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Speed of light not a legitamate factor in relation to mass 
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#1
Apr1311, 12:47 PM

P: 5

When I think of the speed of light, I imagine something moving really fast.
Everyone knows that something moving fast hurts more than something moving slow. So why is something said to have "infinite" mass when traveling at the speed of light if the speed of light is a finite "measurable" speed? Why is this even considered "impossible"? If E = mc(squared) then doesn't it simply make energy proportianal to mass "since the speed of light doesn't change for the equation". Or does the E stand for "potential energy". Does anyone else relate to how I feel about this? Can't you just as justifiably take the speed of a train, write it down, and use that as an absolute? "which would produce a representation of energy that is only practical for use in a relitive sense, and cannot be applied as a number on it's own" 


#2
Apr1311, 01:38 PM

P: 1,261

[tex]E = mc^2[/tex] only applies to the 'rest mass' energy of an object. The total energy is [tex]E = \gamma mc^2[/tex] where [tex]\gamma[/tex] is a function of velocity, and becomes infinite when the velocity approaches the speed of light. 


#3
Apr1411, 07:33 AM

P: 5

Ahh, thank you very much.
I love wikipedia, but anyone I talk to will redicule me if I use it as my source, do you have any favorite books to recommend? 


#4
Apr1411, 08:01 AM

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Speed of light not a legitamate factor in relation to mass



#6
Apr1411, 06:58 PM

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The view of mass increasing as velocity does is, from my recent knowledge, incorrect. The mass of an object is always the same. The momentum or kinetic energy of an object WILL increase, but not the actual mass of an object.



#7
Apr1411, 09:11 PM

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#8
Apr1411, 10:41 PM

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#9
Apr1411, 11:11 PM

P: 9

hmmm that is a good point. Does a particle traveling at a high velocity not contribute to the EM/SR Tensor? Energy definitely does, otherwise we wouldn't have gravitational waves, correct? So would a particle traveling at a high velocity not contribute more to the EM Tensor than the same particle at rest? When a particle has an increase in energy we see a corresponding increase in momentum, but not a corresponding increase in speed ( because as energy increases, velocity can only approach c asymptotically) If that energy isn't accounted for as an increase in kinetic energy, there where else can we account for that missing energy?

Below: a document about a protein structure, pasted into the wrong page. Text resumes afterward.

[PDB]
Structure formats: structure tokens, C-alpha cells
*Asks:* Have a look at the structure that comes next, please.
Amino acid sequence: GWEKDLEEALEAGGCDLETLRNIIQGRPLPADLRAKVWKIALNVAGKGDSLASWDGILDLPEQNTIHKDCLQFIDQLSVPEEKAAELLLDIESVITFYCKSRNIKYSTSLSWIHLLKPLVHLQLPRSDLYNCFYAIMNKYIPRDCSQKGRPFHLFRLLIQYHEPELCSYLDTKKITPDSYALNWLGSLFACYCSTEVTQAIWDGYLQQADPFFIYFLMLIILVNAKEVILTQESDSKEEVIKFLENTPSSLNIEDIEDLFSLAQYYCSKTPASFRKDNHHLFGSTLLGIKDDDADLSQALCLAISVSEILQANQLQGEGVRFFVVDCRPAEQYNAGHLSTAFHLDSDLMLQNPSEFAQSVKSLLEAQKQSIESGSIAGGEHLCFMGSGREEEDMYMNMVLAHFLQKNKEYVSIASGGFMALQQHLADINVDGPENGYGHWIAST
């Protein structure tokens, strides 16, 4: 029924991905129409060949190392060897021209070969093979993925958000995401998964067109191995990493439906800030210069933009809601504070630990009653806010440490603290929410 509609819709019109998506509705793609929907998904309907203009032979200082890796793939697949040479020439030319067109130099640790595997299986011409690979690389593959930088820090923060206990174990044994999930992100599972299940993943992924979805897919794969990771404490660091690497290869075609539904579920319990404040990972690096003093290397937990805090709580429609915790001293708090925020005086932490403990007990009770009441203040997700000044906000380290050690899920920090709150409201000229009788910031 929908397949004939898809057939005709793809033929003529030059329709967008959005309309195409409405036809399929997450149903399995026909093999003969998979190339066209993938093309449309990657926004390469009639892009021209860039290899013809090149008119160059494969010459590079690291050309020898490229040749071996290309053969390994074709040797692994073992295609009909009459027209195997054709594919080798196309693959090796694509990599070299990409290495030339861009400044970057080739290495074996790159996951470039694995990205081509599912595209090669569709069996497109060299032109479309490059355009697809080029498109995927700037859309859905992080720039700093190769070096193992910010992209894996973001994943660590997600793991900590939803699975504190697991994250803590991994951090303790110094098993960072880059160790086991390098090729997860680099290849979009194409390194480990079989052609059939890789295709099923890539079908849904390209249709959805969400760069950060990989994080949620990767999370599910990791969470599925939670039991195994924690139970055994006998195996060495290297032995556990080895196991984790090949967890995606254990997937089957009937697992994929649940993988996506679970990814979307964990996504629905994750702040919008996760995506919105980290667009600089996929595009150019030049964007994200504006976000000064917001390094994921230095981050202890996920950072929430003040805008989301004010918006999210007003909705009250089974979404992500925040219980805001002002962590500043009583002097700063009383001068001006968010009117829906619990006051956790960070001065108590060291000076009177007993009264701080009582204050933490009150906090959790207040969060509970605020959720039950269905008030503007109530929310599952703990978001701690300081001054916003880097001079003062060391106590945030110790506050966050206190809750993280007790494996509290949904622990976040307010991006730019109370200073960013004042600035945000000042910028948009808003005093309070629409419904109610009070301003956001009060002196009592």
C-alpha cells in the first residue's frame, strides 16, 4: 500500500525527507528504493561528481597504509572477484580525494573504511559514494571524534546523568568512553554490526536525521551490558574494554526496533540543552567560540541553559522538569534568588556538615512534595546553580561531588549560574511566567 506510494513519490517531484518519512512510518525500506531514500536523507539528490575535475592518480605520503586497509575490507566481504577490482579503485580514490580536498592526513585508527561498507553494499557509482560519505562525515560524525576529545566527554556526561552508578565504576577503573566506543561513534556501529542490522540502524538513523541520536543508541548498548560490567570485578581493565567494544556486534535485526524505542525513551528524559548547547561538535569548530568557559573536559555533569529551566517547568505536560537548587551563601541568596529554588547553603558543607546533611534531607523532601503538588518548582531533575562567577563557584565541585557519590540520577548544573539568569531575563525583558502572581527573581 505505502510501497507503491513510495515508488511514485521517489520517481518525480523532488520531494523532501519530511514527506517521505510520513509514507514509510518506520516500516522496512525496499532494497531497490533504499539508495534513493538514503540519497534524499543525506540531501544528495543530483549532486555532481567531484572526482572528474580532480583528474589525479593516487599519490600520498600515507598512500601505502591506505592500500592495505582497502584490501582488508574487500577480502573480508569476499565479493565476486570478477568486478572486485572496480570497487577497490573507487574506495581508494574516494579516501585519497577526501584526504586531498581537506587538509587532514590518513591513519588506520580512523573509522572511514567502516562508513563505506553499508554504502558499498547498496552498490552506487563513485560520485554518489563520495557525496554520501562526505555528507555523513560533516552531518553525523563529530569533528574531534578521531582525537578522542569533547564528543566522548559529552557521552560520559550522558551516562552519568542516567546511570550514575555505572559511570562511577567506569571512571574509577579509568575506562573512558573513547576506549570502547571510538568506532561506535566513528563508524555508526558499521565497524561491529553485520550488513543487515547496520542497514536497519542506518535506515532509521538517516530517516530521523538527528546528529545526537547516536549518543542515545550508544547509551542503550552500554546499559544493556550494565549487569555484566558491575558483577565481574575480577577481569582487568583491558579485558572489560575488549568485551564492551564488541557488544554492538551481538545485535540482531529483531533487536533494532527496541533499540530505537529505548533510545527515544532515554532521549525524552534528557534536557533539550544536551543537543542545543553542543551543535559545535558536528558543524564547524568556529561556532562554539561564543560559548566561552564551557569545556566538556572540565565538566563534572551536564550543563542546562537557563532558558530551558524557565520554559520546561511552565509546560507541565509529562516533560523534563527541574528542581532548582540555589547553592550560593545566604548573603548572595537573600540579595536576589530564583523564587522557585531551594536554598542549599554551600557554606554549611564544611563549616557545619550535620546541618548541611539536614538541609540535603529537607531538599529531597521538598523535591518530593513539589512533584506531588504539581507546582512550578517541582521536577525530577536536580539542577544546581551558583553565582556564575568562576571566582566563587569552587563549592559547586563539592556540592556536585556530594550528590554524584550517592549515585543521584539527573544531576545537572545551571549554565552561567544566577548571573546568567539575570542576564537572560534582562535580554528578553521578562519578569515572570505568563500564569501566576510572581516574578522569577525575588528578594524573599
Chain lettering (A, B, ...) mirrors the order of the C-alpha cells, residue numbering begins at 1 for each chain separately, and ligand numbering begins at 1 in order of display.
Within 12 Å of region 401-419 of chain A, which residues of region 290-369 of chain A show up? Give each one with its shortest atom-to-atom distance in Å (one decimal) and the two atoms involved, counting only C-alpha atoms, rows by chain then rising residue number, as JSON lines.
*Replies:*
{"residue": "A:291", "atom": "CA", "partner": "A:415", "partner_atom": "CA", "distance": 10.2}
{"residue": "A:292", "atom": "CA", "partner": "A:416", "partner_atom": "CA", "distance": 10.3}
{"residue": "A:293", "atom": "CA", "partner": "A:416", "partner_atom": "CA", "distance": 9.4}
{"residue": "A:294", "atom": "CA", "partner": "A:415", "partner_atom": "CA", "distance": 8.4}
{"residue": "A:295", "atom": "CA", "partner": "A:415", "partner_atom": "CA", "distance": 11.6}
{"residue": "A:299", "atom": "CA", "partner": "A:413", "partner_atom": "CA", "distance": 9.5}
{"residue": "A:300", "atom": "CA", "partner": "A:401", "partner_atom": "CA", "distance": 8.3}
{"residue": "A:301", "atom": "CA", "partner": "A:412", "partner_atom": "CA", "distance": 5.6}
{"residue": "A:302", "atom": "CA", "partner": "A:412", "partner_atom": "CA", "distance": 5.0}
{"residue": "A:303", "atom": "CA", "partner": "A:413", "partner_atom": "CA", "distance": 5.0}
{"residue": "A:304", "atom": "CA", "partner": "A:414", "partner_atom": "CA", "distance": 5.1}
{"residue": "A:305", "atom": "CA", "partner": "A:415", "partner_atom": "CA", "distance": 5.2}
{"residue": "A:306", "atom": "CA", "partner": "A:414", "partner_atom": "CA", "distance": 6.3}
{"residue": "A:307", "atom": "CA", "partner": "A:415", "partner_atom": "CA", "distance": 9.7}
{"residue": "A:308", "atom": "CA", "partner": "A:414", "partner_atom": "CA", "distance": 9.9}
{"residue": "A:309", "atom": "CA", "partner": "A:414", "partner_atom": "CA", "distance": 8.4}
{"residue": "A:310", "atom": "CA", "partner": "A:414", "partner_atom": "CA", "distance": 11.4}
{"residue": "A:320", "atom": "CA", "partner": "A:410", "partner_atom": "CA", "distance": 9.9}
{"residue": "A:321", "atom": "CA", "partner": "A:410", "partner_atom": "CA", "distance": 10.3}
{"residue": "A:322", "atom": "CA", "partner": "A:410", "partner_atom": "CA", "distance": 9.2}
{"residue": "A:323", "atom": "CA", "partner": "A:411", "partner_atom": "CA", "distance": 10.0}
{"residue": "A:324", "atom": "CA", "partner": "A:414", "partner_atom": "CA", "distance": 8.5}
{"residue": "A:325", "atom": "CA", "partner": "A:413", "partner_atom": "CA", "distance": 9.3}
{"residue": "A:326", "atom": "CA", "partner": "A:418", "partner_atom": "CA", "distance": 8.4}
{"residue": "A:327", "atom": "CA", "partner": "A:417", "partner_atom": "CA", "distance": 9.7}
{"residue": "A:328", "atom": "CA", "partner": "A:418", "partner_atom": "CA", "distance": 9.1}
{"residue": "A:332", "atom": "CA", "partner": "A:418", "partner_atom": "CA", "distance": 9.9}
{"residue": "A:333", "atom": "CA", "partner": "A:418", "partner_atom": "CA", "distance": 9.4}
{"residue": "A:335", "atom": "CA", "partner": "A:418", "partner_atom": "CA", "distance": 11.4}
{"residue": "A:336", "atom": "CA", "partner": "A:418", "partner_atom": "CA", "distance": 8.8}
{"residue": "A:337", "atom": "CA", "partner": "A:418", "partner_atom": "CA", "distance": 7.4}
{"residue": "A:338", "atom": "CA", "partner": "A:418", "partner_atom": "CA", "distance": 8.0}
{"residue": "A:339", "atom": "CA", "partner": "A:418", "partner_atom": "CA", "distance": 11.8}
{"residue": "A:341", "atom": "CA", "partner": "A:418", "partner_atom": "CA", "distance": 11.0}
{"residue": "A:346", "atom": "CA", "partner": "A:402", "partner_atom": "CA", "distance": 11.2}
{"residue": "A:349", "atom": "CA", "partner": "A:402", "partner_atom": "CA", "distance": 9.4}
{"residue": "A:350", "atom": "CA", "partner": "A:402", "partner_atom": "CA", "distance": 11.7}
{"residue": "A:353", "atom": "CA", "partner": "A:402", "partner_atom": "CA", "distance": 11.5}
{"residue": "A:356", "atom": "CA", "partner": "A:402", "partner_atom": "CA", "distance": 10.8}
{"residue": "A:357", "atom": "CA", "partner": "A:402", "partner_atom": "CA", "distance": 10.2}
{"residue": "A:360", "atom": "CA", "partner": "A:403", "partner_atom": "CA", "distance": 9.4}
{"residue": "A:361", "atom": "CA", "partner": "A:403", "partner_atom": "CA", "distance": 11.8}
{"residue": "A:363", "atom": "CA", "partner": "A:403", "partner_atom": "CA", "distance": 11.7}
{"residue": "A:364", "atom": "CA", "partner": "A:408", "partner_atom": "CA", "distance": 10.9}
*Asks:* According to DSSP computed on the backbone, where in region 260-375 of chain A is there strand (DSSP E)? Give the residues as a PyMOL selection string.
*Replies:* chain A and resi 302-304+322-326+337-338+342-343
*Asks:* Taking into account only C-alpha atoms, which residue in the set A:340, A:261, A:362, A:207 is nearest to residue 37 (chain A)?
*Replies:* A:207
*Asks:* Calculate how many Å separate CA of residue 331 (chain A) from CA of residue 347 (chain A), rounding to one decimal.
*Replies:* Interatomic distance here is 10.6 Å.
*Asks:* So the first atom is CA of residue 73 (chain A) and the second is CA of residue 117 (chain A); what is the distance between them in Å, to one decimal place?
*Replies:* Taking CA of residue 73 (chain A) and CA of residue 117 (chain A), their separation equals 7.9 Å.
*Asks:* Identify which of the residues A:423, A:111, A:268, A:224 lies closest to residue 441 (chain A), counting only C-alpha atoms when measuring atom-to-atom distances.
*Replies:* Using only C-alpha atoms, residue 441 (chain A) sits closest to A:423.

#10
Apr1511, 12:40 AM

P: 2,456

But, it will contribute to a DIFFERENT components of the tensor, than a particle at rest.
In fact, 2 test bodies moving at high speed flying parralel to each other attract slower (in a frame where we see them moving) than when they are at rest. The explanation is simple: if it takes, say, 1s for them to collide in their rest frame, then because time is dilated, it would take LONGER for them to collide if they are moving. There is a special case however, when there are MANY particles or bodies in a bound system with a total momentum of 0. In such case, the movement of particles create pressure, which creates 'more gravity' for an observer who is unaware of the internal structure of a system. Examples: 1. When you heat a body, its gravity slightly increases. 2. Proton. Most of the mass comes from the quarks, moving at relativistic speeds back and forth. 


#11
Apr1511, 08:54 AM

P: 9

I guess i stand corrected then. Thanks Dmitry67.



#12
Apr1511, 05:07 PM

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Dmitrey, I've heard of that before as well. However, are we sure that the gravity of a system will increase if you add energy, like in the form of heat to it? And if so, how does that relate to two moving objects moving together slower at relativistic speeds? Would adding energy not cause an increase in the speed of the movement of the particles, which would cause further time dilation?



#13
Apr1611, 12:08 AM

P: 2,456

Because when objects moving in the same direction, there is a rest frame where they are at rest. So you can calculate everything in that rest frame and then just calculate the dilation for the other rest frames. When bodies are moving in DIFFERENT directions, there is no such frame!
Compare: 1. Photon gas (photons moving in random directions) selfattract (and attract other bodies) 2. two collinear light beams, going in the same direction, dont gravitate to each other 3. two collinear light beams, going in the opposite directions, attract to each other 


#14
Apr1611, 12:11 AM

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As there is no rest frame for a photon, how can you relate to them using the same thing for matter?
Also, if I pick a frame of one of the particles, then everything else is moving in relation to it. Wouldn't that mean that everything else is still time dilated in relation to that particle? 


#15
Apr1611, 08:59 AM

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#16
Apr1611, 09:09 AM

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#17
Apr1911, 12:58 PM

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you dnt wanna confuse relative mass and rest mass. 


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